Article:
When another Twitter user asked what a "dead leg" is, a third user, David Urry, posted this diagram to explain it, after saying:
My best guess on what the heck Elon's talking about:
- Must wash out engine with alcohol between uses.
- Gravity must have defeated getting it all cleared out.
- Isopropyl would be ice in liquid O2, must be cause of pressure reading error day before.
According to this week's Rocket Report on Ars Technica:
A source told Ars that the company has already replicated the problem during tests, and that fixing it will require changing some cleaning procedures. This should have no effect on the upcoming Crew Dragon launch.If you haven't heard the results, Wednesday's Starlink mission was a very successful mission for SpaceX. First off, all of the Starlink satellites were delivered to orbit as planned. Next, the booster nailed its landing on the drone ship Of Course I Still Love You. Third, both fairing halves were recovered; one caught in the net and the other retrieved from the ocean. These were already re-used fairing halves, opening the possibility of a third flight for the fairings, which will be a first. Finally, the mission put the Falcon 9 booster ahead of the Atlas V as the most experienced rocket in the US.
The Falcon 9 rocket has now launched 84 times. This surpasses the total flights by United Launch Alliance's Atlas V rocket.
The Atlas V rocket first launched on August 2, 2002—about three months after SpaceX was founded by Elon Musk and two other engineers, Tom Mueller and Chris Thompson. Since then, the Atlas V rocket has flown an average of a little fewer than five missions per year. All were rated as successes.It's hard to find fault with that last statement from Eric Berger at ARS.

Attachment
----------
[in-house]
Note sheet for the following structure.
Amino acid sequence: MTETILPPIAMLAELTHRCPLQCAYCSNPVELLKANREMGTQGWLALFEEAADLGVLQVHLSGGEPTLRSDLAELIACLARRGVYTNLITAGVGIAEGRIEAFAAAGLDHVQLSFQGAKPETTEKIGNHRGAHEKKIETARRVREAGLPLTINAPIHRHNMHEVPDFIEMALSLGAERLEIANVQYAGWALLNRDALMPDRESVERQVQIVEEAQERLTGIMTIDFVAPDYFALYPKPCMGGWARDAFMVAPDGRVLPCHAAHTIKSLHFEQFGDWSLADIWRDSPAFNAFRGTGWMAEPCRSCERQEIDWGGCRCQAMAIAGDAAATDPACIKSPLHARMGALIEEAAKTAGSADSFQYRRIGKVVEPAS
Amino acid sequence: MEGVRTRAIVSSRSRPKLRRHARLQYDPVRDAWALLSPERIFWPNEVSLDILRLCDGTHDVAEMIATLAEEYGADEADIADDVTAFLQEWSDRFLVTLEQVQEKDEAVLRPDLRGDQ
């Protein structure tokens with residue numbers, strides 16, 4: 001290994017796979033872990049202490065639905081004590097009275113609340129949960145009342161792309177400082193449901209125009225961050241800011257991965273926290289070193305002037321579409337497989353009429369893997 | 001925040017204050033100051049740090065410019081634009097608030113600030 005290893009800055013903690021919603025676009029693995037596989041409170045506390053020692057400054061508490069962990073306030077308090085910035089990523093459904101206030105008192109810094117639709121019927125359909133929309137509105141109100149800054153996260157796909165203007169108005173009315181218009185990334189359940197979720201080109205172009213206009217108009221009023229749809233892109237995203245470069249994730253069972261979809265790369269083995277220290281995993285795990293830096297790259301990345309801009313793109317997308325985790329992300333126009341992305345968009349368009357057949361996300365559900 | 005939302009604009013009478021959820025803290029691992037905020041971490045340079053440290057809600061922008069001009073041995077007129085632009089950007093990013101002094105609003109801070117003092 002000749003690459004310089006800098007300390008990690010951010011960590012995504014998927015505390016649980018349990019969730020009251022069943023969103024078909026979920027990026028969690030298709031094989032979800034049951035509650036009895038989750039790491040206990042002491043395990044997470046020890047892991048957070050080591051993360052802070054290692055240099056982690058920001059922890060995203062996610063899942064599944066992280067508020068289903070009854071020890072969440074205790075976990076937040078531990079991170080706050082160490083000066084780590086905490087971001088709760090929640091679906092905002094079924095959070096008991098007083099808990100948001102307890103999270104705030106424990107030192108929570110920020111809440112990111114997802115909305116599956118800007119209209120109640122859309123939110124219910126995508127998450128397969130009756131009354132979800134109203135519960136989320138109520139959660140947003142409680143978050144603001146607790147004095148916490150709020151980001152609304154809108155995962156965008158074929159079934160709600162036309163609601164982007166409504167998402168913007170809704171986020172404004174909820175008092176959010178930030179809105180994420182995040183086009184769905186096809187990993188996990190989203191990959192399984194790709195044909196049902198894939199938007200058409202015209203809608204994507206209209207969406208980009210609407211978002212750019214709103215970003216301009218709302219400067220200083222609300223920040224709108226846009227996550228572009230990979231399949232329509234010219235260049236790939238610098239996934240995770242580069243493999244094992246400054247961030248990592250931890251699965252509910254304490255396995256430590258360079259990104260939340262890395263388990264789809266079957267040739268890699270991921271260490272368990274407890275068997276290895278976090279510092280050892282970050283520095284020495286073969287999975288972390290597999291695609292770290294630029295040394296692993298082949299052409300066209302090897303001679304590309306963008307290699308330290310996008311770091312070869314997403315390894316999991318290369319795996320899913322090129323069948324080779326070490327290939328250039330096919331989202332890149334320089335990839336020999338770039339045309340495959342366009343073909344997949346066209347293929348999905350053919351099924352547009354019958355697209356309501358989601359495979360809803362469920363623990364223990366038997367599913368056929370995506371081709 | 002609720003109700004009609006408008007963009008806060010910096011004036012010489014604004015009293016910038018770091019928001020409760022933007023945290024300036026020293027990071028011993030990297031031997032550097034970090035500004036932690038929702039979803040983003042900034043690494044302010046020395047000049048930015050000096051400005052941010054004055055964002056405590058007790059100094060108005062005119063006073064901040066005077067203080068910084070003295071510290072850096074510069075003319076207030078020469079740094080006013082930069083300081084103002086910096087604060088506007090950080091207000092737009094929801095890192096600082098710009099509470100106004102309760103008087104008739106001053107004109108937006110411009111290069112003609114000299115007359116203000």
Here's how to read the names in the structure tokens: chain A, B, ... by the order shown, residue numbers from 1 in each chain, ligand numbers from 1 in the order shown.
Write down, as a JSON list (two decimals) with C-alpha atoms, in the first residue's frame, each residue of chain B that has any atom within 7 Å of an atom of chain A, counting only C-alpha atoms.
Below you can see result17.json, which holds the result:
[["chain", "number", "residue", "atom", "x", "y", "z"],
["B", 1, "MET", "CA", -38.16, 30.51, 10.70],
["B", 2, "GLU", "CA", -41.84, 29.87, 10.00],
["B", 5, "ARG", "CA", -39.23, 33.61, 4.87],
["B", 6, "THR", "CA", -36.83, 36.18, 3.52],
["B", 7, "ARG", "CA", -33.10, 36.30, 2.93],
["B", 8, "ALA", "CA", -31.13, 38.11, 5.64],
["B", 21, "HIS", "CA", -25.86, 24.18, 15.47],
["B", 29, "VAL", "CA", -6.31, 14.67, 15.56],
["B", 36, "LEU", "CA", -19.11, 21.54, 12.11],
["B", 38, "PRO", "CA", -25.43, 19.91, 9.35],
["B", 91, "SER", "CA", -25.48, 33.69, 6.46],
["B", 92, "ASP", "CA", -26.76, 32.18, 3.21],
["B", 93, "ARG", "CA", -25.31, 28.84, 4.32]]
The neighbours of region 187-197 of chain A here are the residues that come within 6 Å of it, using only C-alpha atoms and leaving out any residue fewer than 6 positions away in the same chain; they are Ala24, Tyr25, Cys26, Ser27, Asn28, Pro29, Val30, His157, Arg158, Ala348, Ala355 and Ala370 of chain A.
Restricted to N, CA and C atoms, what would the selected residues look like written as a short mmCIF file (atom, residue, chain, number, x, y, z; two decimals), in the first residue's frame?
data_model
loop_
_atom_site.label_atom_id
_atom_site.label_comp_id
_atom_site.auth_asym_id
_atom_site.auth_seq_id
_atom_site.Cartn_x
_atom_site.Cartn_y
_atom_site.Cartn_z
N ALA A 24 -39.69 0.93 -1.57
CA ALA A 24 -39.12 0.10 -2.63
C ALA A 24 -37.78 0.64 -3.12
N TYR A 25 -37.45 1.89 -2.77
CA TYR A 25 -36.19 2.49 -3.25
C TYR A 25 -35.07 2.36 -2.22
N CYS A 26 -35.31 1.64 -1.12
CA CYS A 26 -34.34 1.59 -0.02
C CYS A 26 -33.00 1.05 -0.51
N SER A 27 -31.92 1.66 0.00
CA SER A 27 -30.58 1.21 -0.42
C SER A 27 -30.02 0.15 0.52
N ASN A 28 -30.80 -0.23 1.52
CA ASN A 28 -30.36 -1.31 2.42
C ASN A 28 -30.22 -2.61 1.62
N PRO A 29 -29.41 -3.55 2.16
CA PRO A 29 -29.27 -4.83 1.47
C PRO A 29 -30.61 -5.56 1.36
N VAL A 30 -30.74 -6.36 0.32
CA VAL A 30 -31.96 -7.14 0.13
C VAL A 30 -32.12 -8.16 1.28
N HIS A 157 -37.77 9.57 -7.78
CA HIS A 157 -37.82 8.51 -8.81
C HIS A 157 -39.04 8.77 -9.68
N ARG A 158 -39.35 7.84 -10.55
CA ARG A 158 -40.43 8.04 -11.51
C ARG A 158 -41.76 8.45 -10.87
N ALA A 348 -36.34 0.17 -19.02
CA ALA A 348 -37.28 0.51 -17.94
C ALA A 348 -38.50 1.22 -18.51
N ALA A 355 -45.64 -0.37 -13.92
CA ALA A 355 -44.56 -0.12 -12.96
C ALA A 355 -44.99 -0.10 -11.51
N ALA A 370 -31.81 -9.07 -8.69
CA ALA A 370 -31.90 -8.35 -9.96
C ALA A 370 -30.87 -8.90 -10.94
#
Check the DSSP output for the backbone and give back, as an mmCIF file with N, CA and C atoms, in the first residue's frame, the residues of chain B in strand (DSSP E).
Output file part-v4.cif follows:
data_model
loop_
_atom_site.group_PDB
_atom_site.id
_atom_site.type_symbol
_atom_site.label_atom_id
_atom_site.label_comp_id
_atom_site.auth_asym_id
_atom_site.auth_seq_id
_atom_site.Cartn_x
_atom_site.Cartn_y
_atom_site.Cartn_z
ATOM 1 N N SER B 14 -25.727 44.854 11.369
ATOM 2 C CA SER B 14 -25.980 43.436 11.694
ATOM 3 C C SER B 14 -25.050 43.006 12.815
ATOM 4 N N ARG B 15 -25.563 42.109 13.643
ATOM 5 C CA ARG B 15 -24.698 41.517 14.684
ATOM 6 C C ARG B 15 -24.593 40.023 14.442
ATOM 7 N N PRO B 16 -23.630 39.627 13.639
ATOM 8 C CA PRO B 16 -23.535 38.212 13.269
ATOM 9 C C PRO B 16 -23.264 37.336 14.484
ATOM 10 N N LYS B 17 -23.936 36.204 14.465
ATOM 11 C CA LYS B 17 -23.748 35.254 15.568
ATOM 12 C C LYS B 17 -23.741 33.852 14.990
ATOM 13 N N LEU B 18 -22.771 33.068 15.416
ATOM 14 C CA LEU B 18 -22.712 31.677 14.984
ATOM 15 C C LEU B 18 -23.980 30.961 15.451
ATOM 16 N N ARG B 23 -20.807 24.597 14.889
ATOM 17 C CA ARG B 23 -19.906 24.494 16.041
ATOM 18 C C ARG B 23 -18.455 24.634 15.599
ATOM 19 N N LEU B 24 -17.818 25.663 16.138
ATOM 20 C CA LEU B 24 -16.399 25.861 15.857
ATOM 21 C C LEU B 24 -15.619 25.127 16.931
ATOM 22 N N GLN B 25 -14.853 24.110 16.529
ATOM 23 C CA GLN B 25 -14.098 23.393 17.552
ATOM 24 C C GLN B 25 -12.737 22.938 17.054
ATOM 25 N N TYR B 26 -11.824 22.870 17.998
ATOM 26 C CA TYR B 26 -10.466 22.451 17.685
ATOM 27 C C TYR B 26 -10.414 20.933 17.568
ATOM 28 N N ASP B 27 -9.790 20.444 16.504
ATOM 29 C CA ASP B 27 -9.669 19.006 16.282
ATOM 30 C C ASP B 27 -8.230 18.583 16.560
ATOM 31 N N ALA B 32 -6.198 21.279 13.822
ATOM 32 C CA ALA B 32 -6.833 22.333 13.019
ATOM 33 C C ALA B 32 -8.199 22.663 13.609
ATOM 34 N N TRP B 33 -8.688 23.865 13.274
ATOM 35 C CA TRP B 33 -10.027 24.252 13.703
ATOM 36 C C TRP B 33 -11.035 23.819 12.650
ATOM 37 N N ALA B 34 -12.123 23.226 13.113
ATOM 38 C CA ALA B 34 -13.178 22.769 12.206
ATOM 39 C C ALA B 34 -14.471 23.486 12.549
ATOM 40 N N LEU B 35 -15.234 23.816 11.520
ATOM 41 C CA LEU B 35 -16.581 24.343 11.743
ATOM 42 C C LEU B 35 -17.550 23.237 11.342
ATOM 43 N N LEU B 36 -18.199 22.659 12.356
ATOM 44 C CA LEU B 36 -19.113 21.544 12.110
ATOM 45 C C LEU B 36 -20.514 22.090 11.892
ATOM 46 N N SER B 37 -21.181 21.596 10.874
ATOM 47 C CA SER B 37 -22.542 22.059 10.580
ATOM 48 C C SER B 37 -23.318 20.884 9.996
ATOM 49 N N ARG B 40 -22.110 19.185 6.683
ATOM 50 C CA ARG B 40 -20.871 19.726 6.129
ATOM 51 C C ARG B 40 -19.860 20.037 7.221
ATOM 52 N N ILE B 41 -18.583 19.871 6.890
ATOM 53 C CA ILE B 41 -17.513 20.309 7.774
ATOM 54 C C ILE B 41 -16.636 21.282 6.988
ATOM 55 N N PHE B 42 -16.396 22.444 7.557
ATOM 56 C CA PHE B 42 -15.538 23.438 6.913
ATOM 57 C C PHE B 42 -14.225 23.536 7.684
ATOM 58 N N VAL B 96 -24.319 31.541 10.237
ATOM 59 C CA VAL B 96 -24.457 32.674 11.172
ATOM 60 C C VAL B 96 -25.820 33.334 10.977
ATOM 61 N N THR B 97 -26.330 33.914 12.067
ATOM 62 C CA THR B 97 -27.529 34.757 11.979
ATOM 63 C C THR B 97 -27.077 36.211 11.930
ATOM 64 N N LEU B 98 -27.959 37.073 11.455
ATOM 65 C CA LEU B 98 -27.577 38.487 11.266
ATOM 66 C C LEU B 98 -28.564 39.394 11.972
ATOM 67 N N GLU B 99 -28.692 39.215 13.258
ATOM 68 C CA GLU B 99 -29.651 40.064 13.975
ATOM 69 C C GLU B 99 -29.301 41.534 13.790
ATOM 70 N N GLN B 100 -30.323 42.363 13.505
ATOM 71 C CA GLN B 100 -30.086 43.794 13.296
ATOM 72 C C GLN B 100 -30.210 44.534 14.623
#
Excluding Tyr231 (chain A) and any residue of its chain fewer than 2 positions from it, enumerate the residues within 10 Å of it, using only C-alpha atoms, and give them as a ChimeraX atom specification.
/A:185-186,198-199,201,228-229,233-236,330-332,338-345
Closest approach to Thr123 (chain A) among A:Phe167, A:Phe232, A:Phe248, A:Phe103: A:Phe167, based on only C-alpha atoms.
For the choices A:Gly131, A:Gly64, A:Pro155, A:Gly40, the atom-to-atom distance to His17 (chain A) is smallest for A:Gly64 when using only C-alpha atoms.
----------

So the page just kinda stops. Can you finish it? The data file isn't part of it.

SpaceX first flew the Falcon 9 rocket on June 4, 2010, from Space Launch Complex 40 in Florida. It has caught up to the Atlas V rocket by flying an increasing cadence of missions from 2017 onward, averaging 17 flights a year over the last three full years. One of SpaceX's launches, CRS-7 in 2015, failed.
Perhaps more impressively, the Falcon 9 has assumed the mantle of most-experienced rocket while making multiple revisions to its design and incorporating first-stage reuse. In short, SpaceX increased the flight rate of its rocket even as it has aggressively sought to optimize its performance. The company that was once an upstart now stands among—if not above—the blue bloods of the US launch industry.
While talking about SpaceX, I should note that serial number 4 of the Starship prototypes was rolled to the test stand at Boca Chica, Texas today. It's exactly 31 days since they started building SN4 and hours short of 21 days since SN3 failed during it's testing on the night of April 3rd.
Drone's eye view of SN4 on the pad today. I prefer this for the sense of scale you get looking down on the cars and trucks as opposed to looking up at the booster from the ground. If I'm remembering correctly, these Starship prototypes have all been about 100 feet tall and more than 10 feet in diameter. Photo credit to Elon Musk on Teslarati.